The quick way is to do a factory reset on the Wi-Fi router and start from scratch. Set a new Wi-Fi Password abd new admin password.
TL;DR the long way:
You need to make an inventory of all YOUR devices on the network. Every printer, NAS, smartphone, pad, IoT, Wi-Fi extender etc. - get all the MAC and the corresponding IP addresses. Tools like arp, nmap will help you. MAC is often next to the model and serial number.
Then go your Wi-Fi router. If you can, change the user name of your admin user and of course the password. Make it complex (at least 12 characters, numbers etc.). Then change the Wi-Fi password and write that down.
Turn off DHCP on the Wi-Fi router. This will prevent any wired connection, even the one you use to connect to the Wi-Fi router. Then set a fixed IP address on your computer with the gateway pointing to the Wi-Fi router. You can now use the wired connection as you have currently from the DHCP.
Now reboot the router. At least your Wi-Fi connected devices should not be able to connect.
The DHCP will no longer give IP addresses. You should still be able to connect since your IP address is fixed on your PC. On your router you should now only see your PC connected.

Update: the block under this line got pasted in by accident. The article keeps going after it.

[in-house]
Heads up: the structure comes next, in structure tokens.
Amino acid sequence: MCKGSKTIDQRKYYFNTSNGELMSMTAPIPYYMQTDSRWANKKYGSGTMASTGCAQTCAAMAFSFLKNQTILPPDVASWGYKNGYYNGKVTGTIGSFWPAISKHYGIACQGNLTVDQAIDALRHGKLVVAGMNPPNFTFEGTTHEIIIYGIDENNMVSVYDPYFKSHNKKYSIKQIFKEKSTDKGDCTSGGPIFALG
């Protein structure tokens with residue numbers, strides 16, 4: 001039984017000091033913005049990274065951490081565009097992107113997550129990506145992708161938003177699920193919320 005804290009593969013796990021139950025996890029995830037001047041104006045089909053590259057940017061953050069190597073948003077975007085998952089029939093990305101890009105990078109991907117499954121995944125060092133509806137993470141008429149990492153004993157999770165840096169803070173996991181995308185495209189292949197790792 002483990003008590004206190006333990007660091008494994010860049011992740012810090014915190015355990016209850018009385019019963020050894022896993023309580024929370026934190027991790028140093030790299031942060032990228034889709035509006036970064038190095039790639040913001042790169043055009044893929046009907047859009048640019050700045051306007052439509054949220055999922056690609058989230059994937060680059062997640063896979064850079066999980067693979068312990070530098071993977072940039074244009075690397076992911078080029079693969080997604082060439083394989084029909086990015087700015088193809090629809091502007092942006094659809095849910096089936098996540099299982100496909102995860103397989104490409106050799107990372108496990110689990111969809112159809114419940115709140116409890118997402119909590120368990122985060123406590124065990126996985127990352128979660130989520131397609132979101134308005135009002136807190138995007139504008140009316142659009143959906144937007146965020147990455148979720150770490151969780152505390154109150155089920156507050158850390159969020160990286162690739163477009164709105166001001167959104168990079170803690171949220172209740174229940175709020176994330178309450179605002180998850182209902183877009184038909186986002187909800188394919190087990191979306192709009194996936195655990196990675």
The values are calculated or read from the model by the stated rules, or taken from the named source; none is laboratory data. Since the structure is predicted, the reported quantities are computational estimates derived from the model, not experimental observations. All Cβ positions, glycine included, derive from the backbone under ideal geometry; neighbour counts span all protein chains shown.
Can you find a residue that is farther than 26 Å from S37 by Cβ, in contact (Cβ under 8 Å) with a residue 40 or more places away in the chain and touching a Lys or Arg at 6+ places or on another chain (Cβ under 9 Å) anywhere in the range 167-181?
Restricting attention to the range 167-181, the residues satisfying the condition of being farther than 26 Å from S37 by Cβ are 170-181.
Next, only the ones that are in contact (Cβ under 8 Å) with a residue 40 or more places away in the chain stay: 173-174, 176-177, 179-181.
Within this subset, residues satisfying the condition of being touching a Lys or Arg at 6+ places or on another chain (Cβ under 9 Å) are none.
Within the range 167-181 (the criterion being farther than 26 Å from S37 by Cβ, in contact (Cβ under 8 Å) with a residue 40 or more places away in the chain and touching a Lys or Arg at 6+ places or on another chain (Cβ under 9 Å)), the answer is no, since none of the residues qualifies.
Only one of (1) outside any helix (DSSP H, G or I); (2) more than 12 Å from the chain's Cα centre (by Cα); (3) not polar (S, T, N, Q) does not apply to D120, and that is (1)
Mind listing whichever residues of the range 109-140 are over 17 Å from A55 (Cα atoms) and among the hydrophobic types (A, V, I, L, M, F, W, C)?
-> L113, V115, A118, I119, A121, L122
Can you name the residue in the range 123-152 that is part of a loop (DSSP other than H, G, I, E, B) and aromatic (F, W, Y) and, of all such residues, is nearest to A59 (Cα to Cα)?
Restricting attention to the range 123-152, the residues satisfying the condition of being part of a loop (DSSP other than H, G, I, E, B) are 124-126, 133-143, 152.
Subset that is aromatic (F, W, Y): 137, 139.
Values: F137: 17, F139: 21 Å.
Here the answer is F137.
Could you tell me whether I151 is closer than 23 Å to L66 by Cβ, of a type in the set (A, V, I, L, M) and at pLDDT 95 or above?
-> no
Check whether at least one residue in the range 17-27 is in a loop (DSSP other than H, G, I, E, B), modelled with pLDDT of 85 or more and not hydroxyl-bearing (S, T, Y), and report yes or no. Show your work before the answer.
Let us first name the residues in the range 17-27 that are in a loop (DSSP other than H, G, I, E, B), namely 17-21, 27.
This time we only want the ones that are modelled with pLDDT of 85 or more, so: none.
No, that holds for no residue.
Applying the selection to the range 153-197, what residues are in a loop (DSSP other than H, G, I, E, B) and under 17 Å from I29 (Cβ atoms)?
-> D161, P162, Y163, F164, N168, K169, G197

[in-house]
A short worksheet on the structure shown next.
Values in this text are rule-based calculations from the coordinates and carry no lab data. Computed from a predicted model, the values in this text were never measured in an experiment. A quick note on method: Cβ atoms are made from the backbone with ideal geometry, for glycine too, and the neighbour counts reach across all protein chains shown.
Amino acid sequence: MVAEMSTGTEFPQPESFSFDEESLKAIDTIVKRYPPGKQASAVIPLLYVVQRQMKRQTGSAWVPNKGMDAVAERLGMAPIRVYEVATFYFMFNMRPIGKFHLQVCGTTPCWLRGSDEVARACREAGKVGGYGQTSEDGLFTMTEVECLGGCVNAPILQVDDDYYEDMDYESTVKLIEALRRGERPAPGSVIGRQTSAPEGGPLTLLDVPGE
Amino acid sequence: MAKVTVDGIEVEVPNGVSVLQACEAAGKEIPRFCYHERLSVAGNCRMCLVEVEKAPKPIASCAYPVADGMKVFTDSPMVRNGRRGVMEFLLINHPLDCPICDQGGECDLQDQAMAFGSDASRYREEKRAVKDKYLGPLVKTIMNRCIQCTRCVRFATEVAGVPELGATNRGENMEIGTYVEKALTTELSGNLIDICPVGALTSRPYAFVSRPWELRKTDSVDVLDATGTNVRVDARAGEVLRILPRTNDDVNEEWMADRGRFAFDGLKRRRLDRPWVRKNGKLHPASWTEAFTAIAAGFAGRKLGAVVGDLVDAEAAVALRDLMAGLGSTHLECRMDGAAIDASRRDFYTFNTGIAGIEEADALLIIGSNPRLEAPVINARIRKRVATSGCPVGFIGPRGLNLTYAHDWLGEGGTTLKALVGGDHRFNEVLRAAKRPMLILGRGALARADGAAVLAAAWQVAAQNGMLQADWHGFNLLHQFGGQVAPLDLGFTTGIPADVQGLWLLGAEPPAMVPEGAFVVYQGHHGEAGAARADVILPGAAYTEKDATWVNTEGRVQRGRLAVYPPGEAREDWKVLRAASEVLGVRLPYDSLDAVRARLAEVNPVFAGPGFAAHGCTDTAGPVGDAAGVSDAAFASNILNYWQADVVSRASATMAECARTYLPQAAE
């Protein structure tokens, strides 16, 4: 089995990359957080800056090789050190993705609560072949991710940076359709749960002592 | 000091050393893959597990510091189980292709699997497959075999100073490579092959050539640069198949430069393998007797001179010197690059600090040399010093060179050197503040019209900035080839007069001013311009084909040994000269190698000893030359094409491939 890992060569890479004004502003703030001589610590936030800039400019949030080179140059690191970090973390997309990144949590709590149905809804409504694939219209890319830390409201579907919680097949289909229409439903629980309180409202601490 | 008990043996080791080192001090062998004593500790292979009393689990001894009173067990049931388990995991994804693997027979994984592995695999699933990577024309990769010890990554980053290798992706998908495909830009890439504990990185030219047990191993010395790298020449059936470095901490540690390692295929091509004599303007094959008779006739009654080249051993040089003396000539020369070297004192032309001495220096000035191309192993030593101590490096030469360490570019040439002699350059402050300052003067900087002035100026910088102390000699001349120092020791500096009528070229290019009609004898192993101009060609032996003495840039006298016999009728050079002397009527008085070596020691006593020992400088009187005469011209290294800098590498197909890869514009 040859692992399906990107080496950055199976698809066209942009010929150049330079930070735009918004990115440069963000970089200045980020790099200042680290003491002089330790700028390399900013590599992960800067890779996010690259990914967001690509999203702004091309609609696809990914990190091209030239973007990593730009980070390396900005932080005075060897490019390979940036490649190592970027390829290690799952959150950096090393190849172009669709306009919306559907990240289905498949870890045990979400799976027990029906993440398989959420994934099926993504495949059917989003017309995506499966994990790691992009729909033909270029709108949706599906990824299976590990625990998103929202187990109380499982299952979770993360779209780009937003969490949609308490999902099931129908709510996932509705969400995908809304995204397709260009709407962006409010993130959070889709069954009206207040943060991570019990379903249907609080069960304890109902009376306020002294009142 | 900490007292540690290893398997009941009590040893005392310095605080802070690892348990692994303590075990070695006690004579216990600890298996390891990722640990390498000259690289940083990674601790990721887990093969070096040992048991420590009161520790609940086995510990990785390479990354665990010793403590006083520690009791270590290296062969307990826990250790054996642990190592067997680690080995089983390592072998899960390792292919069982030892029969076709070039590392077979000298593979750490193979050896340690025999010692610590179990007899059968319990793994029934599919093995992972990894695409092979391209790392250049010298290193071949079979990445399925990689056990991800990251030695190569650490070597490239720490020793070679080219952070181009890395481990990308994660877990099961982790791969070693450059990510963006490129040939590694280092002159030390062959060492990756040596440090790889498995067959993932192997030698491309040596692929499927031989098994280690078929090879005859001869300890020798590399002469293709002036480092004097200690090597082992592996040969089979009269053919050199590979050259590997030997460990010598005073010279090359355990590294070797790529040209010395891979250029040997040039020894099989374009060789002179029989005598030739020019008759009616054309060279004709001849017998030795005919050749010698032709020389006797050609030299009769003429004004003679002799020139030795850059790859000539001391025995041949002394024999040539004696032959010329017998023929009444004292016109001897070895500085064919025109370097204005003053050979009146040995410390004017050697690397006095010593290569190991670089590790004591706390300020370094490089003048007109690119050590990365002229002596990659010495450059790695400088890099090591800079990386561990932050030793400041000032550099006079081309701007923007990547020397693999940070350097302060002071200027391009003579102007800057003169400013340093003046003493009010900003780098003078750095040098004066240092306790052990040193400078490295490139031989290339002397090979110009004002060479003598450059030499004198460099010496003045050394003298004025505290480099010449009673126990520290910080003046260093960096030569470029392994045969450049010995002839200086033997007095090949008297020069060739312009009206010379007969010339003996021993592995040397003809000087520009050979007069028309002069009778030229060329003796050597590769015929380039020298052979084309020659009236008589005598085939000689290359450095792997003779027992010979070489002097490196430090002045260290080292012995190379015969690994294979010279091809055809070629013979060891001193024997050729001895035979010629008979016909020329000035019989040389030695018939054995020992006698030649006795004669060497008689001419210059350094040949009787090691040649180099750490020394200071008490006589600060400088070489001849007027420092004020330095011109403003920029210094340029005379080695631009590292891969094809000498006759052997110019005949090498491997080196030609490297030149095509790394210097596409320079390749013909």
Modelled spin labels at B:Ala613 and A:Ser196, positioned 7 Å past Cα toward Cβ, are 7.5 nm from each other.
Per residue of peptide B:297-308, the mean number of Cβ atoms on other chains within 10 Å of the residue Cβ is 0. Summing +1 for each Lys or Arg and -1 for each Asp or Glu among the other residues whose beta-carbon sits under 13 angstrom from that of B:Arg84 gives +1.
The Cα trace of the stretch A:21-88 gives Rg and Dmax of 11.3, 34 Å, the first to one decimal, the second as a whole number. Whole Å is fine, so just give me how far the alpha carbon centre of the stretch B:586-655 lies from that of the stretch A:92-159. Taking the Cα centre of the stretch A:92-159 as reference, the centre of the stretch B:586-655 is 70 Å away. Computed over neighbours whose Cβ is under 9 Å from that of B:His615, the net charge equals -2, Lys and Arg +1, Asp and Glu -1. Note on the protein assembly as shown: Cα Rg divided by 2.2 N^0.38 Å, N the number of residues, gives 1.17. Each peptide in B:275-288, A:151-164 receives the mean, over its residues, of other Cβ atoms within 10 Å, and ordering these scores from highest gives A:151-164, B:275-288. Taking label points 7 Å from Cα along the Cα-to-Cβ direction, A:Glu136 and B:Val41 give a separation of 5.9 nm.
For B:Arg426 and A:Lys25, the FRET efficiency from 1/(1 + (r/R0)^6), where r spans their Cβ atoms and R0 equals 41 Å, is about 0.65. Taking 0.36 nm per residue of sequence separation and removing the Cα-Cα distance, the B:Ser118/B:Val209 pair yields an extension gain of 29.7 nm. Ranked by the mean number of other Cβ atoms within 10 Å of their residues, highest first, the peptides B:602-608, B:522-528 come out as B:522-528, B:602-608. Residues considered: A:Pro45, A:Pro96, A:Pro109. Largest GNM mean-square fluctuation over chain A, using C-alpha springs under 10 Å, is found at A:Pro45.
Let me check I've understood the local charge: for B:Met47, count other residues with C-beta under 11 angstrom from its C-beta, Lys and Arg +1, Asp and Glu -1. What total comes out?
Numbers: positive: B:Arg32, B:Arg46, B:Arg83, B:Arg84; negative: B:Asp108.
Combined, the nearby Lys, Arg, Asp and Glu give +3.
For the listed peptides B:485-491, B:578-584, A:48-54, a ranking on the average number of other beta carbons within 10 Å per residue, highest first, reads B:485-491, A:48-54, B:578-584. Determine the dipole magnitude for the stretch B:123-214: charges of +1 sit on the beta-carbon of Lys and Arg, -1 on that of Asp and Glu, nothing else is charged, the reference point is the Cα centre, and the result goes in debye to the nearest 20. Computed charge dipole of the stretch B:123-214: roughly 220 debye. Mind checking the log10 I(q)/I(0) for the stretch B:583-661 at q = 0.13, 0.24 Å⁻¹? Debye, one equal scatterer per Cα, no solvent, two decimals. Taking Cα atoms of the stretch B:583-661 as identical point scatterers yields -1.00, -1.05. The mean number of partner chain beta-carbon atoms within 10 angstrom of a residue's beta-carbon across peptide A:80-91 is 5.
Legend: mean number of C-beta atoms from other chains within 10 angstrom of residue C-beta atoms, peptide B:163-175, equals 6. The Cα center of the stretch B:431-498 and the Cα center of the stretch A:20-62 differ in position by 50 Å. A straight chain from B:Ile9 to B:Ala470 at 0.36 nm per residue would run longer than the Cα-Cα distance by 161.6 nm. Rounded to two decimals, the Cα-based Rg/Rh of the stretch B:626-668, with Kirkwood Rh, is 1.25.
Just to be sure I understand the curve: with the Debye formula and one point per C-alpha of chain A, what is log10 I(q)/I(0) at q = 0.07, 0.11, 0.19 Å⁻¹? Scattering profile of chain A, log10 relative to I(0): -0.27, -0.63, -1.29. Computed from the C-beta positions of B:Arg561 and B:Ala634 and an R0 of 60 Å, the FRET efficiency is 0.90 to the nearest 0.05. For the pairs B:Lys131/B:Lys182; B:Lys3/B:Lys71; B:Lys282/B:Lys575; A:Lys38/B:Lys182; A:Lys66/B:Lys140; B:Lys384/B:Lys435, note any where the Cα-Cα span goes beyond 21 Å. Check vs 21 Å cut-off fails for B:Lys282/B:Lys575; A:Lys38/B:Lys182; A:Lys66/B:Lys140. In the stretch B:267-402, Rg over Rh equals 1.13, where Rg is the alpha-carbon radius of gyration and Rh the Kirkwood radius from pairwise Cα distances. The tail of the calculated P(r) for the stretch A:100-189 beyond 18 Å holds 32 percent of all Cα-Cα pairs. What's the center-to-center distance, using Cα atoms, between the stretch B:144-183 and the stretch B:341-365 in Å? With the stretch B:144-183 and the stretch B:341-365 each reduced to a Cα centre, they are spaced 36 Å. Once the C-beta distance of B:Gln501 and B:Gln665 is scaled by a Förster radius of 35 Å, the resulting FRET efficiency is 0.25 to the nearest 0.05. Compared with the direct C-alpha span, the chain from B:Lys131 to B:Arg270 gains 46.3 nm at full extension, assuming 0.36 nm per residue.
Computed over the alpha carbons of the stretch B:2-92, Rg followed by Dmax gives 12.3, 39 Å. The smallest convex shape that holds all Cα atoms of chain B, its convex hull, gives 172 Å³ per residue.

Now turn DHCP back on. Configure the address range to different values: i.e. If your range was from 192.168.0.11 - 49; set it to 192.168.0.51 to 61. Make the range as small as possible. There is no point to set it to 128 if you only have 4 devices. Set the lease time to something in the order of 4h.
Now setup on each Wi-Fi device you found the password. You should see those devices on the Wi-Fi as connected. Since you also see the MAC address setup a MAC address filter and only allow your devices on the Wi-Fi router. Block every other MAC address. That will eliminate rogue connections.
And yes, somewhere along the line you should update XP to Win 10.